What does an inventive researcher do all day?
\nIn a special feature on "dream jobs", an AT&T researcher based in New Jersey explains what the "inventive researcher" does all day. In addition to being given free reign to engage their inner curiosity and tinker with new solutions, these researchers are allowed to "stare off into space" for hours at a time:
"My average day is kind of divided into thirds. There’s a third learning. I’m reading about a new bit of math, going to a talk, understanding something that someone else has done that’s related to what I do, and talking to people in the rest of the company about what kinds of real-world problems they have. And then I spend about a third of the time thinking, pretty much staring off into space — thinking about how to put the pieces together. ... Some of my most productive days have been when I’ve filled up about one page in my lab notebook, and then that gave rise to about a month or two of productive stuff. And then the other third is implementing and communicating: writing computer programs that test the theories, and writing papers. We all publish in journals and at conferences."
AT&T sounds a bit like Google, eh? It's good to see that not all companies require their most talented workers to keep their heads down all day, scurrying around the cubicle maze. Being able to engage in quite, contemplative thought is sometimes just as productive as furiously tapping away at the keyboard. (Hat tip: Binky)\n
Antimicrobial resistance is growing worldwide, rendering many "work horse" medicines ineffective. Without intervention, drug-resistant pathogens could lead to millions of deaths by 2050. Thankfully, companies like Pfizer are taking action.
- Antimicrobial-resistant pathogens are one of the largest threats to global health today.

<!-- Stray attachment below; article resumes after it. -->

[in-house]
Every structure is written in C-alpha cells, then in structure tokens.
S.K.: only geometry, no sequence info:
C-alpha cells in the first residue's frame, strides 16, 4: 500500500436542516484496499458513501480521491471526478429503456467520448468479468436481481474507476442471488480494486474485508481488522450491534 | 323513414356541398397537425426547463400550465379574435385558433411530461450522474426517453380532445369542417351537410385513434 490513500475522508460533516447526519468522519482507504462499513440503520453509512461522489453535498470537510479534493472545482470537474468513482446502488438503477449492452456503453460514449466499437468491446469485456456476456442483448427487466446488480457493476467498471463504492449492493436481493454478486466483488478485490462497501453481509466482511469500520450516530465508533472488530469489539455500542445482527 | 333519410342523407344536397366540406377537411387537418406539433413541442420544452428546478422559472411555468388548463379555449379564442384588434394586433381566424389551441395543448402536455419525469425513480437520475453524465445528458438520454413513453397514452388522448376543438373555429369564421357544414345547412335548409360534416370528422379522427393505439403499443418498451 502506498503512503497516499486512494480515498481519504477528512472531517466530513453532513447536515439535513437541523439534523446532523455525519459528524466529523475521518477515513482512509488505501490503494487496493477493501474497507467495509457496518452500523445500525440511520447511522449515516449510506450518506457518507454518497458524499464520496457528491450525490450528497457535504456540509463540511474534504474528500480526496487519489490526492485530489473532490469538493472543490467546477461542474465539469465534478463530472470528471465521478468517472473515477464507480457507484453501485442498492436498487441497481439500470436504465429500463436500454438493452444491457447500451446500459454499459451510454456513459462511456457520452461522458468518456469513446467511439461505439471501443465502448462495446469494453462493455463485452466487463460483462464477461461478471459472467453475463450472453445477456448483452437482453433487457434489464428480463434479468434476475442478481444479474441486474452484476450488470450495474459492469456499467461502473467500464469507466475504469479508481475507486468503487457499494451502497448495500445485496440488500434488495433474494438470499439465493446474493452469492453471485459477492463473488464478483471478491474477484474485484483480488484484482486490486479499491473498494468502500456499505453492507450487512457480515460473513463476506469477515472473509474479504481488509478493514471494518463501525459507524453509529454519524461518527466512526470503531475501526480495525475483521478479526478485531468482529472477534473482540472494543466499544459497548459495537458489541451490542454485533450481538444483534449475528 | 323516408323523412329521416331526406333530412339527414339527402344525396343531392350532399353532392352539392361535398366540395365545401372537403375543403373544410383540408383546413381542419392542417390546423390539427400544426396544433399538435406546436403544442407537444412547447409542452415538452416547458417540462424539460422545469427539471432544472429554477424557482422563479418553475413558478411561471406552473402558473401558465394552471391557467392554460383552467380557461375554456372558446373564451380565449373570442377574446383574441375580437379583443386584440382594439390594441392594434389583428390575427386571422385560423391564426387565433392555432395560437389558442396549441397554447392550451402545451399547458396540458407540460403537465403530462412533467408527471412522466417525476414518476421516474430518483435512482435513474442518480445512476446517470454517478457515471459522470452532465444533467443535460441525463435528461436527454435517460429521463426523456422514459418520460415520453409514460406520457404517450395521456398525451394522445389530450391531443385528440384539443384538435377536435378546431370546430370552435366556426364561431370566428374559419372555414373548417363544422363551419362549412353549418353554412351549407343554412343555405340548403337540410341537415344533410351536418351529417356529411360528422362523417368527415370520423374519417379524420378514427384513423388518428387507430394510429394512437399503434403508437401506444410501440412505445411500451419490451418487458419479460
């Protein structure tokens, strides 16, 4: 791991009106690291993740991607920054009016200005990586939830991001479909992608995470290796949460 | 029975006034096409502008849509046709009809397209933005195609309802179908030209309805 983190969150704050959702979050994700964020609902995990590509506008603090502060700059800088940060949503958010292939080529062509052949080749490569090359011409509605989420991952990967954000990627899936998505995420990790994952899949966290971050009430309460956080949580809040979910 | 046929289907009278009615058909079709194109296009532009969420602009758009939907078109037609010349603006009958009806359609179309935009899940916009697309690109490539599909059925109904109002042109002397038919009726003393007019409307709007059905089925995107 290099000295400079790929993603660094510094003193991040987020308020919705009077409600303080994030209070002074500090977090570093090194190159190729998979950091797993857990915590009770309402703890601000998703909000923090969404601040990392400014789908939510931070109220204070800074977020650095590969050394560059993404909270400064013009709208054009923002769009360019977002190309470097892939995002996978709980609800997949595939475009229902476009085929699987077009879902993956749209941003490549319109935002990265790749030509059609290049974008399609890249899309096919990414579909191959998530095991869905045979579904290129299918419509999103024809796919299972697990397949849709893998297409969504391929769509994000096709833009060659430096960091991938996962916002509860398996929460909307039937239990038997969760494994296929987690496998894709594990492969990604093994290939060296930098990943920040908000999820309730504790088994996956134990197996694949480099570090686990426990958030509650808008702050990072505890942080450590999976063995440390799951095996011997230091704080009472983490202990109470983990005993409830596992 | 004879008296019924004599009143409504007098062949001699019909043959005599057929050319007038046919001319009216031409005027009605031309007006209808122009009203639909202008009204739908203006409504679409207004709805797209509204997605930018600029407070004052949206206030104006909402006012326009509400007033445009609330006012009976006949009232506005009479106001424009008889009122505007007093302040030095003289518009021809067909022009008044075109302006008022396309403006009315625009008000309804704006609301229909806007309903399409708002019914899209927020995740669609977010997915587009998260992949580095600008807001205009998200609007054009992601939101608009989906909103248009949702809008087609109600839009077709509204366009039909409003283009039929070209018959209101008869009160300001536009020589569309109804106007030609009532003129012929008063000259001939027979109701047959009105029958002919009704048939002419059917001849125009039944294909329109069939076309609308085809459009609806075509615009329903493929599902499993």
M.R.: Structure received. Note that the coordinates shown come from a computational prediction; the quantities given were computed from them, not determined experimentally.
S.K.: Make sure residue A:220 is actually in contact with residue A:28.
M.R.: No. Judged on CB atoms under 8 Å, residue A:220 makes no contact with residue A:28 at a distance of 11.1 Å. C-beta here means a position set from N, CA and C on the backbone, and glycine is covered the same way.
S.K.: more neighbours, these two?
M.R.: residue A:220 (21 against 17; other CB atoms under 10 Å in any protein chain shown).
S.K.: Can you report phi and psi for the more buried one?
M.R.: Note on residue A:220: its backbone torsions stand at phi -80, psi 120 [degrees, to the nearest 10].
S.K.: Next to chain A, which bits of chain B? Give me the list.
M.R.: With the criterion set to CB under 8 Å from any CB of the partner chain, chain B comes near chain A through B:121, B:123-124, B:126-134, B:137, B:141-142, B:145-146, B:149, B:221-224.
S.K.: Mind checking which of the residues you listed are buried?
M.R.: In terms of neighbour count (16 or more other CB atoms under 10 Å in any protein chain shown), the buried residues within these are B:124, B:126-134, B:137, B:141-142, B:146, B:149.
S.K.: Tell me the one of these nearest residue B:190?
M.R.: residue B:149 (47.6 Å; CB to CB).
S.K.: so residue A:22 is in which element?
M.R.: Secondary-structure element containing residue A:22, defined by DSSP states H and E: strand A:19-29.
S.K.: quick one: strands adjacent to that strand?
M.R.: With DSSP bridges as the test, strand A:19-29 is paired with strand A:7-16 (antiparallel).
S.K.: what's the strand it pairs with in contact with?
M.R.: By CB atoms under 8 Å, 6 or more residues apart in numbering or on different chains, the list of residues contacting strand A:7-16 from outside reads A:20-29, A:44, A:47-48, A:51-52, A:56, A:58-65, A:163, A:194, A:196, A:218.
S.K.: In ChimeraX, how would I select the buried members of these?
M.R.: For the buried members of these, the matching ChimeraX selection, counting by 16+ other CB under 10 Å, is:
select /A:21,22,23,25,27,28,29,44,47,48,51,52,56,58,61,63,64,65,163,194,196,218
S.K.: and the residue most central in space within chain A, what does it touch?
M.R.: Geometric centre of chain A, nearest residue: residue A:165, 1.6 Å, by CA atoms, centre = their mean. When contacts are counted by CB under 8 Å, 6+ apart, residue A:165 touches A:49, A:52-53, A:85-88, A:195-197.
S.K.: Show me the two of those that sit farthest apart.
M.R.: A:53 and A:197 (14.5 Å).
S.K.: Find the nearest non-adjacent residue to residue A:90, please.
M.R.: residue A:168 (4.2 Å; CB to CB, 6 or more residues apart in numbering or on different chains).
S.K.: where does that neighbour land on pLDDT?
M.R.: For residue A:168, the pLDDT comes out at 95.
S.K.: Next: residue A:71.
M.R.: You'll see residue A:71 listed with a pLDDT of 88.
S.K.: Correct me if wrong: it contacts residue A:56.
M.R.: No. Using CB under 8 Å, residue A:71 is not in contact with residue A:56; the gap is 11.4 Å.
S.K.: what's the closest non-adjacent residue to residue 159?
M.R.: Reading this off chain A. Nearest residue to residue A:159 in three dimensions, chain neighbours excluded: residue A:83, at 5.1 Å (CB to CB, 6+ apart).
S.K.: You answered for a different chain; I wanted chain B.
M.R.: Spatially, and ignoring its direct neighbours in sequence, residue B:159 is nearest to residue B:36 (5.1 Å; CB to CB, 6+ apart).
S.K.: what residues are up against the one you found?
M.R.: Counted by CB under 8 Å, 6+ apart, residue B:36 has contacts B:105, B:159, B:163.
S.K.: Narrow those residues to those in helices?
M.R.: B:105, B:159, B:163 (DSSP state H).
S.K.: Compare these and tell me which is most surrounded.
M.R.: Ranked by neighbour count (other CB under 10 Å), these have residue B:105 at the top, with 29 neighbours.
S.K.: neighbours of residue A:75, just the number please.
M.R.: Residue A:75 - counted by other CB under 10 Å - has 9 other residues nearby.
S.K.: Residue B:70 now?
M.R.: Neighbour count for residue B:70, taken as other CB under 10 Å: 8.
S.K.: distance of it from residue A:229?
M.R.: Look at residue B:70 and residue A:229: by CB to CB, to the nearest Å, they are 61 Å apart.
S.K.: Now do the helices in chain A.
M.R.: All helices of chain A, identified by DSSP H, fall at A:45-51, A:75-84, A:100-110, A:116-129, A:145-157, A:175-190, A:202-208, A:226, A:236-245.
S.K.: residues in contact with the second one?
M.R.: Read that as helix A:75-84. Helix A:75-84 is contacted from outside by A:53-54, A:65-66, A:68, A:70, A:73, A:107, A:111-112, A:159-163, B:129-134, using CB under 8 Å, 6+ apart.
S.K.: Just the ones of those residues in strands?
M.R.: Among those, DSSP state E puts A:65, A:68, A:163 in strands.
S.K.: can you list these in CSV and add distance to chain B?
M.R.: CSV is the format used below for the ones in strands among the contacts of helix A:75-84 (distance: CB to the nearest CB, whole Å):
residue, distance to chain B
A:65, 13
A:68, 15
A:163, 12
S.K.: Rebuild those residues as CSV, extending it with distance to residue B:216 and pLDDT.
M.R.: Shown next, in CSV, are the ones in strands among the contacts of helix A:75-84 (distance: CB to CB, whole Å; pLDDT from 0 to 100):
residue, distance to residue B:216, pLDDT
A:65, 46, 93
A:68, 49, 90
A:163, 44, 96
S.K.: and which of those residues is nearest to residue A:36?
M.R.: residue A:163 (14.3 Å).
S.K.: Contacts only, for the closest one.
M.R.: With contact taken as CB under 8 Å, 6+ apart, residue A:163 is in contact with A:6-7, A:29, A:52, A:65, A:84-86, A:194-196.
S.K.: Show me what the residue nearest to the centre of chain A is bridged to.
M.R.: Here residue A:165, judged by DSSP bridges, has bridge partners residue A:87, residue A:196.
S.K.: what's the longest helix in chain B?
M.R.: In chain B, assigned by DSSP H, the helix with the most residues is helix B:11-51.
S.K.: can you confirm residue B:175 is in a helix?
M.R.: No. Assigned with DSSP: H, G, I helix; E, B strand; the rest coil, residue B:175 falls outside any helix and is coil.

- As we get older, our immune systems age, increasing our risk of life threatening infections. Without reliable antibiotics, life expectancy could decline for the first time in modern history.
- If antibiotics become ineffective, common infections could result in hospitalization or even death. Life-saving interventions like cancer treatments and organ transplantation would become more difficult, more often resulting in death. Routine procedures would become hard to perform.
- Without intervention, resistant pathogens could result in 10 million annual deaths by 2050.
- By taking a multi-faceted approach—inclusive of adherence to good stewardship, surveillance and responsible manufacturing practices, as well as an emphasis on prevention and treatment—companies like Pfizer are fighting to help curb the spread.
No, the Syrian civil war is not over. But it might be soon. Time for a recap
- The War in Syria has dropped off the radar, but it's not over (yet)
- This 1-minute video shows how the fronts have moved – and stabilised – over the past 22 months
- Watching this video may leave you both better informed, and slightly queasy: does war need a generic rock soundtrack?
Sarco assisted suicide pods come in three different styles, and allow you to die quickly and painlessly. They're even quite beautiful to look at.
Death: it happens to everyone (except, apparently, Keanu Reeves). But while the impoverished and lower-class people of the world die in the same ol' ways—cancer, heart disease, and so forth—the upper classes can choose hip and cool new ways to die. Now, there's an assisted-suicide pod so chic and so stylin' that peeps (young people still say peeps, right?) are calling it the "Tesla" of death... it's called... the Sarco!
Entrepreneur and author Andrew Horn shares his rules for becoming an assured conversationalist.
- To avoid basing action on external validation, you need to find your "authentic voice" and use it.
- Finding your voice requires asking the right questions of yourself.
- There are 3-5 questions that you would generally want to ask people you are talking to.
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